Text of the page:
Mount Shasta and the Lost Coast
We set up camp and the campground host came over to tell us to keep at least five gallons of water nearby if we wanted to do a campfire. Ben and I were pretty blown away that we were even allowed to have a fire, but we didn’t complain – for the first time in our camping history together Ben started a roaring campfire with a lighter and a log. It was a huge change from our other adventures like here and here. Everything was so dry there we had a fire going in no time – we used that opportunity to use our Dutch oven that my Uncle Carl had loaned us to make a flatbread pizza out of crescent rolls with tomato, garlic, salami and cheese. And I’ll tell you what, from a girl who loves garlic that flatbread was crazy good!
|Flatbread pizza inside
While I was making dinner a fellow camper stopped by to say hello. His name was Daniel, probably in his early sixty’s but you could tell his life had not been easy. Ben was talking to him first, talking about all kinds of things – but things you generally don’t chit-chat with strangers about. Things like God and politics but… there we were, talking about both. We talked to him for a while about what it was like in the area and all of the people whom come to be with the spirituality of the mountain. Daniel himself did a little “woo woo” on both Ben and I and what he said to me was, “You think you’re pretty, but not that pretty. And that my dear - that is a bold faced lie.” What is so very strange about that is that those words, those very words, have run through my mind, not often, and not recently but there they were verbatim from somewhere in the way back of my head. A complete stranger just pulled them out and spoke them out loud. It was incredibly strange he said his "woo woo" stuff was something that he has practiced over the years and has gotten better at. I don’t remember exactly what he said about Ben but his was also factual something to the tune of he was exhausted from his past experiences.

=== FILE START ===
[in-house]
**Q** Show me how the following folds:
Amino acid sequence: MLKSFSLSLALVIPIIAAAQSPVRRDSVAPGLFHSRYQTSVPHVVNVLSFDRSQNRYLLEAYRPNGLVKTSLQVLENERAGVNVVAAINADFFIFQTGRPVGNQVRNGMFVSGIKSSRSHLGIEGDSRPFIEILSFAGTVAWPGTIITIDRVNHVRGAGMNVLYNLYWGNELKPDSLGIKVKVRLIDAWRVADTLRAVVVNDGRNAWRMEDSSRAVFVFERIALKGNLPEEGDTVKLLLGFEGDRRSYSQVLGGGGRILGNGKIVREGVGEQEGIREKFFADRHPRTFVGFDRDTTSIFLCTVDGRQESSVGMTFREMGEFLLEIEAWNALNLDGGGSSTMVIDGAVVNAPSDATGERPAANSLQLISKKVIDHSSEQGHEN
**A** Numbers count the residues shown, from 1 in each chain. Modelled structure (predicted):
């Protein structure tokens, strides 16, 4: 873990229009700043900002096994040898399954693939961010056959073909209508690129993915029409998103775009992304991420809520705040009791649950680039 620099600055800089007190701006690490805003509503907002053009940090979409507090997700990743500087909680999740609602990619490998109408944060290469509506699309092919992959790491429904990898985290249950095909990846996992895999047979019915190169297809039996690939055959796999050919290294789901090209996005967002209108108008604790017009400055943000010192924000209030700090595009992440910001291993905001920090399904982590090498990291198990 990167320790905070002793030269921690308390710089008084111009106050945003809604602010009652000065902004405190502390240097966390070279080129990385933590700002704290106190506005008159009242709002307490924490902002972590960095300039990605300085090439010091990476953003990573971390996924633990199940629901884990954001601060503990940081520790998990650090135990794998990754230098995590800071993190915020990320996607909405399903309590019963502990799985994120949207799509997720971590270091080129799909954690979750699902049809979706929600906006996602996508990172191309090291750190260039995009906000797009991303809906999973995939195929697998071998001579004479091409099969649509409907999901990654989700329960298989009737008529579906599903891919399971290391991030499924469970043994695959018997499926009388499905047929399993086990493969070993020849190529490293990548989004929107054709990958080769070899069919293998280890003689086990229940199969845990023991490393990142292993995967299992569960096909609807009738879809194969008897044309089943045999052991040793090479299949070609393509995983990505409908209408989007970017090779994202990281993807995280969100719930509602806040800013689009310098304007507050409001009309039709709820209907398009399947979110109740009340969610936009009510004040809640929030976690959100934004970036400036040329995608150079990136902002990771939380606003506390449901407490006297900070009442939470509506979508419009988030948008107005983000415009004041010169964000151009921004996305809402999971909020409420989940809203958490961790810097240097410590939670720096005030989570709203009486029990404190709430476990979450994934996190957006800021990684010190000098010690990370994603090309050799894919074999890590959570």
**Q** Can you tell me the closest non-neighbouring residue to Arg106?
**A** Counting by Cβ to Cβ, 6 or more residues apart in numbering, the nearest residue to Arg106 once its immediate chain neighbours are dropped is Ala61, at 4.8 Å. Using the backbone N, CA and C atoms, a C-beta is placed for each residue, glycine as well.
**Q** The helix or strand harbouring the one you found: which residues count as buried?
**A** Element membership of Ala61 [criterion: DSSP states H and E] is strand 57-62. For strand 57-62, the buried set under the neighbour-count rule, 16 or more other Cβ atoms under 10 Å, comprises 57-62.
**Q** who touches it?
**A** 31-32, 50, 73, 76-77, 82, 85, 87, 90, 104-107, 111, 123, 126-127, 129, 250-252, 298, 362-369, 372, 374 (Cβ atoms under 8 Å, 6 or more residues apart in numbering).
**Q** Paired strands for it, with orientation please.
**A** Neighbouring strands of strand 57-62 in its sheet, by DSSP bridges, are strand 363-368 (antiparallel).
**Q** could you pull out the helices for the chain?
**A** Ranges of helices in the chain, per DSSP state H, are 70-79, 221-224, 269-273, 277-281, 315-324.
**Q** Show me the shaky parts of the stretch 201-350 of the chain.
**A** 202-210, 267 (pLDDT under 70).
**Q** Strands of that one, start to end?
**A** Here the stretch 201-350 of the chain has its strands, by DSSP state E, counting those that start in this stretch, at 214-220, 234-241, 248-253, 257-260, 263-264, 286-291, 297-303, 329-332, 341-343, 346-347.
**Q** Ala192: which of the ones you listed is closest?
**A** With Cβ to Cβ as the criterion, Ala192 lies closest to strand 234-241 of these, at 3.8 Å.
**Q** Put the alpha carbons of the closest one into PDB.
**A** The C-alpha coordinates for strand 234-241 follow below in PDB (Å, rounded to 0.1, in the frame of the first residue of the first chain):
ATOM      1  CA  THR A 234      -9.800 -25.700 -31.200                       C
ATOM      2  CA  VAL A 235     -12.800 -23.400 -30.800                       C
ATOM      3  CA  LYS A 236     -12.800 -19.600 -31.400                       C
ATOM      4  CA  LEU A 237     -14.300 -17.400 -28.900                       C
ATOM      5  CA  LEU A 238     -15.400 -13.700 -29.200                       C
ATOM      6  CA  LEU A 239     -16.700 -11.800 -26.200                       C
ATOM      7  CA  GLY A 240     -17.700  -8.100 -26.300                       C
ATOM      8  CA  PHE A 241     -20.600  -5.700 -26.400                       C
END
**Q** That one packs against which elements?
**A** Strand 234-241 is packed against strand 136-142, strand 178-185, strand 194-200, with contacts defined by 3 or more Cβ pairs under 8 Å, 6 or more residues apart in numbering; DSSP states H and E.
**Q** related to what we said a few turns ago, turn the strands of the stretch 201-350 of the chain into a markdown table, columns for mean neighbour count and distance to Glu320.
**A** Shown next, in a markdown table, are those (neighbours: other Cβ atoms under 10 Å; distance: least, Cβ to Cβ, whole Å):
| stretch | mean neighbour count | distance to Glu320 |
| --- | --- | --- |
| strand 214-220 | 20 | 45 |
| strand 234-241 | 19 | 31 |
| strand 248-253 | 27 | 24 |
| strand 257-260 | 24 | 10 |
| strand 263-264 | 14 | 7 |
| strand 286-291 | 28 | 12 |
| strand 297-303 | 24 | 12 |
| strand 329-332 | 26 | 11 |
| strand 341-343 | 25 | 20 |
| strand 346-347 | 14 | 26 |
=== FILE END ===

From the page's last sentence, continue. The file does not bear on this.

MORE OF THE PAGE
Daniel gave us some places to check out the following day, we went to a lake nearby that still had water in it which in case you haven’t heard, there is not a lot of those left, probably even less this year than last. The smoke from the fire nearby had almost completely blocked out the sun. Daniel told us that the smoke gets better depending on which way the wind blew. Lucky for us the following day the wind had shifted and we took a lunch to a Lake Siskiyou for a little R&R. There was indeed water but like many places we visited in California the water level was down by many meters. We headed back towards the mountain and drove up a good ways to get a better look at the top.
|The top end of Mt. Shasta
|Clear day without forest fire smoke.
|Ben looking awesome.
|Me looking not as adorable as Ben.